Trying to Become More Relevant Makes Liberal Churches Less Relevant
by Lenny Esposito
There has been a lot of noise about the rise of the Nones in the U.S. As the 2014 Religious Landscape Study reported, more people are not identifying with any organized religious. That doesn’t mean they are all atheists, though. According to the Pew organization that published the study, “the majority of Americans without a religious affiliation say they believe in God. As a group, however, the ‘nones’ are far less religiously observant than Americans who identify with a specific faith.”1 The rise of the Nones mirror the decline in mainline Protestant denominations, while religious groups such as Evangelicals are holding steady or even growing slightly. Millennials are increasingly identifying as Nones.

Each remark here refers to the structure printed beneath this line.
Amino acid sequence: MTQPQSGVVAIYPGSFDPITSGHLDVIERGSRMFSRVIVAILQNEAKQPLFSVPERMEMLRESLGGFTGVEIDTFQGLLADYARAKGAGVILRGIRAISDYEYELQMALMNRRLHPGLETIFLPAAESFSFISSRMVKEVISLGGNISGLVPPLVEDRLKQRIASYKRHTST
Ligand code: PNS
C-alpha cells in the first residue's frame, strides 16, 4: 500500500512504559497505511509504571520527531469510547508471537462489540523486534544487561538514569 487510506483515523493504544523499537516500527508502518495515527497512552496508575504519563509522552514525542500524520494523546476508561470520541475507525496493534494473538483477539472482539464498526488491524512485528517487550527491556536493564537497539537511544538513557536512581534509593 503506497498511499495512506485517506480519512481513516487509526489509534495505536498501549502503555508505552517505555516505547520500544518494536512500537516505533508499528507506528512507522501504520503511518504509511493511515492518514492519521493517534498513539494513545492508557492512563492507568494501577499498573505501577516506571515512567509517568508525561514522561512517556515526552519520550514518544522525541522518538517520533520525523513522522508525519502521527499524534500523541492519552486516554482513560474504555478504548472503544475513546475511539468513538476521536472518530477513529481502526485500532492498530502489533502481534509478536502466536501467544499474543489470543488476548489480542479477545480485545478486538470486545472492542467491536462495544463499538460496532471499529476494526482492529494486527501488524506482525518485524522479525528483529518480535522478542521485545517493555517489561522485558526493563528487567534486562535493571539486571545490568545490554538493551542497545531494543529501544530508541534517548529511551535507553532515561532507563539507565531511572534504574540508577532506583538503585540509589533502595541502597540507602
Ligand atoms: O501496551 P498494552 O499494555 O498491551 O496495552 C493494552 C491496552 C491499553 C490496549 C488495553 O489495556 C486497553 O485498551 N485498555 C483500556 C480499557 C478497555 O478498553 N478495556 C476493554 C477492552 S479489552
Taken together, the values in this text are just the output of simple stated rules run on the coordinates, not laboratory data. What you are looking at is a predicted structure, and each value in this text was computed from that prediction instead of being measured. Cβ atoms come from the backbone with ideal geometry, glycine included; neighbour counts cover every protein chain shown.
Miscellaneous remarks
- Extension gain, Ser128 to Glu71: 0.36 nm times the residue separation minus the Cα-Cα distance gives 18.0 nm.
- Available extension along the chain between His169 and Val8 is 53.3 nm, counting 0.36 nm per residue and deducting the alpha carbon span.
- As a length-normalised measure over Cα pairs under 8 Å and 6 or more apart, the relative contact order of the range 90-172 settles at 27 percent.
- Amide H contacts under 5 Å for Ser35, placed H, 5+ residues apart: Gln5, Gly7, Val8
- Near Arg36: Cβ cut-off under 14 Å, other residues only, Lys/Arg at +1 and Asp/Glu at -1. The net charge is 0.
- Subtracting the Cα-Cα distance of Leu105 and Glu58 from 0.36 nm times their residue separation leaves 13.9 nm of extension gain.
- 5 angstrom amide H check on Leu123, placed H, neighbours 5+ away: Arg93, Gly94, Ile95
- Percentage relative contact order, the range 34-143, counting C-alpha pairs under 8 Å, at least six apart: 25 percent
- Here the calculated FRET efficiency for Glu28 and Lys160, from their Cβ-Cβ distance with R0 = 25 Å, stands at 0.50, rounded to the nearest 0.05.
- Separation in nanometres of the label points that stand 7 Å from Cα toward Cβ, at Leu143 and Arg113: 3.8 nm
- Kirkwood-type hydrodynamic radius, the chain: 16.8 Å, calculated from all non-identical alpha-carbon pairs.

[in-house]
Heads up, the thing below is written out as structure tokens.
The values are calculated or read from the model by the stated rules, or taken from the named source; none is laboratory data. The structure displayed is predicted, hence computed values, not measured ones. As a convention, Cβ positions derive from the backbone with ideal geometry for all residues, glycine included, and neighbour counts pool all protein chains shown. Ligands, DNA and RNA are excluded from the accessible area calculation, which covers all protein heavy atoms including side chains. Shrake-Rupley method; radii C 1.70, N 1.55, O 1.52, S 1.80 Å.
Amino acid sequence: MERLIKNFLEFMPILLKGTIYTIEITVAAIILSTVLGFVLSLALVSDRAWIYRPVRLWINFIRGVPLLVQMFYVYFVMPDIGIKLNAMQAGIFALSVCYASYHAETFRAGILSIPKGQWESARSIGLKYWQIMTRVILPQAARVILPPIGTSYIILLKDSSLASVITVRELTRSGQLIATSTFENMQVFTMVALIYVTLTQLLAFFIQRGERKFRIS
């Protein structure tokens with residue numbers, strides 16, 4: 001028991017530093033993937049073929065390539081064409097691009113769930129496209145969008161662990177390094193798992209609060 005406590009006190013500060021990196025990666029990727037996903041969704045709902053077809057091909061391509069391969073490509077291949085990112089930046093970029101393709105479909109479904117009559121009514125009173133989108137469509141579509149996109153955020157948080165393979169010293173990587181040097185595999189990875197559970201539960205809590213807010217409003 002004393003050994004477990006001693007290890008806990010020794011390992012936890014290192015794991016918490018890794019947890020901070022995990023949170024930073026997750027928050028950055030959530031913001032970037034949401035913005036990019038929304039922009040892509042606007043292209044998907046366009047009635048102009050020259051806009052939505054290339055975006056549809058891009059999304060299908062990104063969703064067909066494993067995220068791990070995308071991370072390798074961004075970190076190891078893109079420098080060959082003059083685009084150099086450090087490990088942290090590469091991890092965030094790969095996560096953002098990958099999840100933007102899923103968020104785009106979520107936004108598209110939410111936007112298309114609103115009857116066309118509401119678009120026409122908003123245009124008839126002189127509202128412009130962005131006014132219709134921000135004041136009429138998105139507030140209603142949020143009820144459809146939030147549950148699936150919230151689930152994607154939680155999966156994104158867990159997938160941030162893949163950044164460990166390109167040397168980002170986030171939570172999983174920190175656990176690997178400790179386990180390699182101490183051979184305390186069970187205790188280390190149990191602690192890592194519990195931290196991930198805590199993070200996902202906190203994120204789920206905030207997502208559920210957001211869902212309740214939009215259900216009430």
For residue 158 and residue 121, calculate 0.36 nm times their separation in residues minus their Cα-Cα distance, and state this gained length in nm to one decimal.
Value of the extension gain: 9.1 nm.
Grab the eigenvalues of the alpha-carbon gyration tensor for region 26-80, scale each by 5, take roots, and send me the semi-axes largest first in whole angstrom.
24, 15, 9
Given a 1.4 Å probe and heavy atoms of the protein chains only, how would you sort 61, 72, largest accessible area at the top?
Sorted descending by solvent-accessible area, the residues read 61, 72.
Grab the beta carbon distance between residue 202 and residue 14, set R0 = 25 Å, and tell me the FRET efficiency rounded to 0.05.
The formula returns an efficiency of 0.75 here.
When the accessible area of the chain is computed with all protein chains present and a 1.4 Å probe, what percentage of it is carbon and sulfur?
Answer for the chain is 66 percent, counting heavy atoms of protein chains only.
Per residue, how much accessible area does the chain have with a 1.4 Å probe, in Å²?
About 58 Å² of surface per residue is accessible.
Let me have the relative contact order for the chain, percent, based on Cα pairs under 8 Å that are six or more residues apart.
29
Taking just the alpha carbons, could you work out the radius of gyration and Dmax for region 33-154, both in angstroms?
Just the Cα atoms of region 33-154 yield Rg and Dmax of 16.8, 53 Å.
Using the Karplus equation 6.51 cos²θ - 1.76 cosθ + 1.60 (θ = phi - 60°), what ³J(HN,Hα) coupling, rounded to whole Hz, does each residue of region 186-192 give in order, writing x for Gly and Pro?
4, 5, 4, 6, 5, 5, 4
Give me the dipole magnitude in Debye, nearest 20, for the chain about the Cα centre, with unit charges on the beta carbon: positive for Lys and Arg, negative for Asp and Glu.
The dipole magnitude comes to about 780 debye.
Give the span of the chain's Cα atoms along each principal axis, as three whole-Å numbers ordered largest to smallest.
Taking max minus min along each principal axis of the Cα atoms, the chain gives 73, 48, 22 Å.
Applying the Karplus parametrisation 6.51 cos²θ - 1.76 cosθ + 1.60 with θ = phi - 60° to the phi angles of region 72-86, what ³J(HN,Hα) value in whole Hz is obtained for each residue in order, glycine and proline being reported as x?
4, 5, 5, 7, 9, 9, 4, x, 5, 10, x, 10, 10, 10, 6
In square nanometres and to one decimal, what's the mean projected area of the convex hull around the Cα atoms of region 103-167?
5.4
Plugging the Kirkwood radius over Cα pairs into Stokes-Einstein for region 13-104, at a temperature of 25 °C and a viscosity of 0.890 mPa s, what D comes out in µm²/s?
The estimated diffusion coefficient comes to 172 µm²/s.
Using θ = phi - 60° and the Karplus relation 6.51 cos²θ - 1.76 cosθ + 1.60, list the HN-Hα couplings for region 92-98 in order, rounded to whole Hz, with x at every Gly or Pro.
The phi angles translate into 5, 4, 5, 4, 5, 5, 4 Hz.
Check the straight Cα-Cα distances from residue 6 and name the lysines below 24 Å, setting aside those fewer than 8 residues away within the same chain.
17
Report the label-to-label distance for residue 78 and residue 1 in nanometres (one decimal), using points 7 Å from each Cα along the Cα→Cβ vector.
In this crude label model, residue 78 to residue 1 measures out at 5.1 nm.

None of this is surprising. Millennials take an increasingly subjective view of faith claims, just as the more mainline denominations had held and taught. I believe the problem stems from the shift that occurred in the theology of mainline seminaries and churches. In the late 19th and early 20th centuries, mainline denominations became increasingly more theologically liberal, spiritualizing what had previously been understood as objective morality and a record of historic events. This was their fatal move, as Francis Schaeffer pointed out…
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